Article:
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" (Stone, 2006) Treatment is stated by Stone (2006) to be "diagnosis dependent and may be medical or surgical." Practical modifications include simple steps such as crushing of pills or opening of capsules to ease and facilitate swallowing.
The work of Leibovitz, et al. (2007) entitled: 'Dehydration Among Long-Term Care Elderly Patients with Oropharyngeal Dysphagia" states that long-term care (LTC) residents in the nursing home "especially the orally fed with dysphagia are prone to dehydration. The clinical consequences of dehydration are critical. The validity of the common laboratory parameters of hydration status is far from being absolute, especially so in the elderly." (Leibovitz, et al., 2007) it is related however that "combinations of these indices are more reliable." (Leibovitz, et al., 2007) the study reported by Leibovitz et al. is one that assessed hydration status among elderly LTC residents with oropharyngeal dysphagia and in which a total of 28 orally fed patients with grade-2 feeding difficulties on the functional outcome swallowing scale (FOSS) and 67 naso-gastric tube (NGT)-fed LTC residents entered the study." (Leibovitz, et al., 2007) That utilized as indices of hydration status include: "the common laboratory, serum and urinary tests." (Leibovitz, et al., 2007) Results are stated to have been "considered an indicative of dehydration and used as 'markers of hydration', if they were above the accepted norms."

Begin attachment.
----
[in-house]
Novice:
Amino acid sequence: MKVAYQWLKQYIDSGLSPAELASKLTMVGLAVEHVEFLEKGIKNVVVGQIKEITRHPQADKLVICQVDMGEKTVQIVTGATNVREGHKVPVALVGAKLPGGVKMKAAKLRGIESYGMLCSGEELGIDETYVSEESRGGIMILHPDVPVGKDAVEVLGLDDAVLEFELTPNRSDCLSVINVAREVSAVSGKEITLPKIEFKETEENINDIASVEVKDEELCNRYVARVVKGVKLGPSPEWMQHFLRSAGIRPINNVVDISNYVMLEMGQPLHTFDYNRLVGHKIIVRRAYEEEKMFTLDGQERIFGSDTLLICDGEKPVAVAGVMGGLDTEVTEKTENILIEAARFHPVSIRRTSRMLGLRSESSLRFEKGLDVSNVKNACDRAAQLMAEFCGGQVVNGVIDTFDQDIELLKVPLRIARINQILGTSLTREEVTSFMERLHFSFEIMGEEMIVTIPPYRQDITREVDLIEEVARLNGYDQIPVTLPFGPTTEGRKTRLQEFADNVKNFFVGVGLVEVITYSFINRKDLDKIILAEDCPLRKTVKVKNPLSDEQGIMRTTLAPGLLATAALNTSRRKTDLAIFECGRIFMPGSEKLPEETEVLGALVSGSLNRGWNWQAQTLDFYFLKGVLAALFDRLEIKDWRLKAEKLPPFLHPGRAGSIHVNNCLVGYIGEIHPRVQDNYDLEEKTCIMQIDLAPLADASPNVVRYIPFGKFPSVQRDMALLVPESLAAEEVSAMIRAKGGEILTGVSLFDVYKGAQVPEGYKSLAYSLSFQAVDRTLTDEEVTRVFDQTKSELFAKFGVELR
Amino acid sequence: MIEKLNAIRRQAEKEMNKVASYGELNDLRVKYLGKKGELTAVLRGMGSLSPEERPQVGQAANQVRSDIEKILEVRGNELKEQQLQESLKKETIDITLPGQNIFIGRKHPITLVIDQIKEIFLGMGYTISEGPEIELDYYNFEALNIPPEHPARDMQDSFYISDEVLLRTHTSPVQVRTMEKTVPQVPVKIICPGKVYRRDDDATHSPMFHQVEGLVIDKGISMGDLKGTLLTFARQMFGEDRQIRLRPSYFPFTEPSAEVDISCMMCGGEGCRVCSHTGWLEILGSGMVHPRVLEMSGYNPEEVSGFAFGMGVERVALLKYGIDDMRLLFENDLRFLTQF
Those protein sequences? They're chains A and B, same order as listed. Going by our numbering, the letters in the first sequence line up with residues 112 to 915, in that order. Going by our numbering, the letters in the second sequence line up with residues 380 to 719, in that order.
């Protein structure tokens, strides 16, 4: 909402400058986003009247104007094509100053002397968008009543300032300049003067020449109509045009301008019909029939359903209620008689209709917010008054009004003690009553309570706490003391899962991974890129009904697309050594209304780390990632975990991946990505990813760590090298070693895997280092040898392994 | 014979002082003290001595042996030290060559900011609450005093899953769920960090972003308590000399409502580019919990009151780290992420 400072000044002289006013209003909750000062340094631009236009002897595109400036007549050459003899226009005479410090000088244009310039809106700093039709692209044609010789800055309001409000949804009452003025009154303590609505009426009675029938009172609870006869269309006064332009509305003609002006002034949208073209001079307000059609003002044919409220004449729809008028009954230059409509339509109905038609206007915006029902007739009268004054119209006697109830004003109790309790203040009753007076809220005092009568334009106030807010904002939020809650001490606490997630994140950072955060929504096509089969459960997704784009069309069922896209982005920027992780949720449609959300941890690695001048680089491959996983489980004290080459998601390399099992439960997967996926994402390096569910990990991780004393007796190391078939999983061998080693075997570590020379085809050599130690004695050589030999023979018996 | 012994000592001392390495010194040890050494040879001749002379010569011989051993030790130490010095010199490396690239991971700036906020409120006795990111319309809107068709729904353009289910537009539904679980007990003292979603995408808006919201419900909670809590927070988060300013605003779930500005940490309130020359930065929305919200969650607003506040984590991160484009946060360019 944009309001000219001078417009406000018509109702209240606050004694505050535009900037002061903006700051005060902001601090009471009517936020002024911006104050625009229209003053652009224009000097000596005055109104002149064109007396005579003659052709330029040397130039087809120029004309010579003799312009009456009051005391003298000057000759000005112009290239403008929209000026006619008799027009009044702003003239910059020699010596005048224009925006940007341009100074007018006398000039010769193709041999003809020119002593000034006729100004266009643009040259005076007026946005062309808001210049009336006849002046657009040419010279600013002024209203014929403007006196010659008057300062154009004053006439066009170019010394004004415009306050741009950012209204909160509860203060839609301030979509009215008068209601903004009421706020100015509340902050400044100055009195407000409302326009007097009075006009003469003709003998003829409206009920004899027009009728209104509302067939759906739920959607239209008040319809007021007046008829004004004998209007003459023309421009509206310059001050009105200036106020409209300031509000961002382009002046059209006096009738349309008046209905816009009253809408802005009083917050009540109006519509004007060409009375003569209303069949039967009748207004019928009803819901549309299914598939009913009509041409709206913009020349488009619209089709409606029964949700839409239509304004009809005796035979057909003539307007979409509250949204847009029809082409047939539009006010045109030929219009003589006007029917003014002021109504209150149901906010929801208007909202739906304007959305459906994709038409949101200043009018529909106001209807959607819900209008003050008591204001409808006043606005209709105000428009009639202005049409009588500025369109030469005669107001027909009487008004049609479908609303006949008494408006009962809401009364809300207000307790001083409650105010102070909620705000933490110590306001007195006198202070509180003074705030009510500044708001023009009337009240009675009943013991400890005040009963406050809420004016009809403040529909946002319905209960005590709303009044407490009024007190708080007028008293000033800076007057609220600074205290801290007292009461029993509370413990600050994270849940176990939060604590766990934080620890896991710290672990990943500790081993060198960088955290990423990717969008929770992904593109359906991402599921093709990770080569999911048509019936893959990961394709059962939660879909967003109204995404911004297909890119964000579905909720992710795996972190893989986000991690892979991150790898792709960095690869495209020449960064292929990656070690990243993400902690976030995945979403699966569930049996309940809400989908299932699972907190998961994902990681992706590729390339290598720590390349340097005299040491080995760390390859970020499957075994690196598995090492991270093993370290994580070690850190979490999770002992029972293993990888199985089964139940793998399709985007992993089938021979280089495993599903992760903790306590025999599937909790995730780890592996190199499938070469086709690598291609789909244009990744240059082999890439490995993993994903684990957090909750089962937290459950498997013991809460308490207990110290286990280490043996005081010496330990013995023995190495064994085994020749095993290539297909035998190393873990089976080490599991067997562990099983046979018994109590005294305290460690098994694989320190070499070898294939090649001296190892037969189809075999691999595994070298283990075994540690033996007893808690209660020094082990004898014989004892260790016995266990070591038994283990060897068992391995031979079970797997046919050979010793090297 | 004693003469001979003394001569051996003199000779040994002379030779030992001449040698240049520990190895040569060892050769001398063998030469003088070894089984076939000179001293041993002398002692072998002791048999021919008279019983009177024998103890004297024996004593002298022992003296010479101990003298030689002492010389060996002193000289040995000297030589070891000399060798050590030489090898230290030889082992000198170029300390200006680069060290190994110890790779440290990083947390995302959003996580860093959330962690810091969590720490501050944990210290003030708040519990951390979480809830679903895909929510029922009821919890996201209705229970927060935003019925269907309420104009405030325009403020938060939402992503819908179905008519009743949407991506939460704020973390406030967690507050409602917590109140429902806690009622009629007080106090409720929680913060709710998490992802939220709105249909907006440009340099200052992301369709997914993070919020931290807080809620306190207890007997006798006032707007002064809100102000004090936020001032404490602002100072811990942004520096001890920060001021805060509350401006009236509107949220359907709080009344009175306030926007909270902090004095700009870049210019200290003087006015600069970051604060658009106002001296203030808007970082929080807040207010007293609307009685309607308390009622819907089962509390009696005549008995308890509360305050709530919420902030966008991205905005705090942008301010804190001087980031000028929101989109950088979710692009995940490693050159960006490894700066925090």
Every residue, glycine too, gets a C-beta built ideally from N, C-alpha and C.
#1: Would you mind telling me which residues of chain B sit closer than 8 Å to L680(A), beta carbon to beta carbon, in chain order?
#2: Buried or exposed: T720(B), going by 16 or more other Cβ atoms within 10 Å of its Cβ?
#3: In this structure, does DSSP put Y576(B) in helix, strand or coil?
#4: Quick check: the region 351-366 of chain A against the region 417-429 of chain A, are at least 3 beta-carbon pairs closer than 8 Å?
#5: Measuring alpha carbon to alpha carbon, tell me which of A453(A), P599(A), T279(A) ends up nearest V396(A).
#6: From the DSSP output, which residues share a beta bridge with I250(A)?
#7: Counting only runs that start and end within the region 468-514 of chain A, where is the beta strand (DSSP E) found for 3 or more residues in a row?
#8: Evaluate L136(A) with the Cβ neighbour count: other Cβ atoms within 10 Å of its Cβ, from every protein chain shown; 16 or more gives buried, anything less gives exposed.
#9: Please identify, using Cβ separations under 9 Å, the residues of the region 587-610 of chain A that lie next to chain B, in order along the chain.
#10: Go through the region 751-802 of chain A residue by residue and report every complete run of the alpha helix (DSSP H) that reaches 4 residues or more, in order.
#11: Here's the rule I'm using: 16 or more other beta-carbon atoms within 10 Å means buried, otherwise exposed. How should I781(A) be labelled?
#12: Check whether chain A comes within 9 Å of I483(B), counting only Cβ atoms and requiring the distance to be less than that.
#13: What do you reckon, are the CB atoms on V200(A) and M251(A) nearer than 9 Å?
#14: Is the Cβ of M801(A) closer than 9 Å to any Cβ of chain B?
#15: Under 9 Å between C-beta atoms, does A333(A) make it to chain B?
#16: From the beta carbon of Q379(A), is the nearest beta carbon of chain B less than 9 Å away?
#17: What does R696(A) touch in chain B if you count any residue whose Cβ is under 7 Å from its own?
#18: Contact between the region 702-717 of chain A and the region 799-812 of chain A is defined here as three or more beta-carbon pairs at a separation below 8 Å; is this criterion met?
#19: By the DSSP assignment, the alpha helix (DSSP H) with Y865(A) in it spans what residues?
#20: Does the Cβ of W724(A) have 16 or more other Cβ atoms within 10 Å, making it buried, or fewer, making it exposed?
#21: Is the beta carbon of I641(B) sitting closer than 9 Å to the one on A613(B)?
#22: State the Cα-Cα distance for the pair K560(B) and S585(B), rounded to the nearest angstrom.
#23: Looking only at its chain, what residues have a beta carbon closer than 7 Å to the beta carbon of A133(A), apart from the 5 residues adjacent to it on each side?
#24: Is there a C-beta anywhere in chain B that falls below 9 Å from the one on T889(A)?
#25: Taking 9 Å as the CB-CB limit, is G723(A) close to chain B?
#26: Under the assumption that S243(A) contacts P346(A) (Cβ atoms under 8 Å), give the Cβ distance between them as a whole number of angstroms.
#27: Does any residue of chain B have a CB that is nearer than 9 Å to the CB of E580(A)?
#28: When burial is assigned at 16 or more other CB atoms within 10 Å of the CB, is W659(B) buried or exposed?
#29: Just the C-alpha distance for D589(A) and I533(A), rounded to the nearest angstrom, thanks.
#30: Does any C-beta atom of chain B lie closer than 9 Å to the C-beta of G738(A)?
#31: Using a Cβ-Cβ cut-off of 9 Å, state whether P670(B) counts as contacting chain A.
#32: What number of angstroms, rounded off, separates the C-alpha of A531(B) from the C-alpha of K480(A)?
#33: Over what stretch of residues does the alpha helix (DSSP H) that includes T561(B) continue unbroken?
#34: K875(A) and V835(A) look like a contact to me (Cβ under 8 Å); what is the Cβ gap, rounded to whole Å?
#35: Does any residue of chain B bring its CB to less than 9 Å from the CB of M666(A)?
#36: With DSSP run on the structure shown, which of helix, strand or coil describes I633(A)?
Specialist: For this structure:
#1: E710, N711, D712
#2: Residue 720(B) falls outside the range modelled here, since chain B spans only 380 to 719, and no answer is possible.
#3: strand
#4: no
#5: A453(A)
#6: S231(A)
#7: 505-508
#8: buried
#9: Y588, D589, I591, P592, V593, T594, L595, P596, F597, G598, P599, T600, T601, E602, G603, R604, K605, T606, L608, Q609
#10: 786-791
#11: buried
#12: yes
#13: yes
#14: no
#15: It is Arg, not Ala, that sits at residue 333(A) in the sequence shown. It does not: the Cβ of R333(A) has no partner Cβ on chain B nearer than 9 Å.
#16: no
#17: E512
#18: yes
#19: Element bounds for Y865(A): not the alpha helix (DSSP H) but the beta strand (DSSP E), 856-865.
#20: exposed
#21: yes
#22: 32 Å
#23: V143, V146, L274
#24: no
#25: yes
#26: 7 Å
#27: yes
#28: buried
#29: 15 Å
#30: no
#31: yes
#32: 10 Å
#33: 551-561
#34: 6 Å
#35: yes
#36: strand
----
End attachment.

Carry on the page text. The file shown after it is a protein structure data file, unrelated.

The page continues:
Stated as results in this study are the following: "...The mean number of dehydration markers was significantly higher in the FOSS-2 group (3.8 ± 1.3 vs. 2 ± 1.4, p = 0.000). About 75% of these FOSS-2 patients http://content.karger.com/ProdukteDB/images/entity/gteq.gif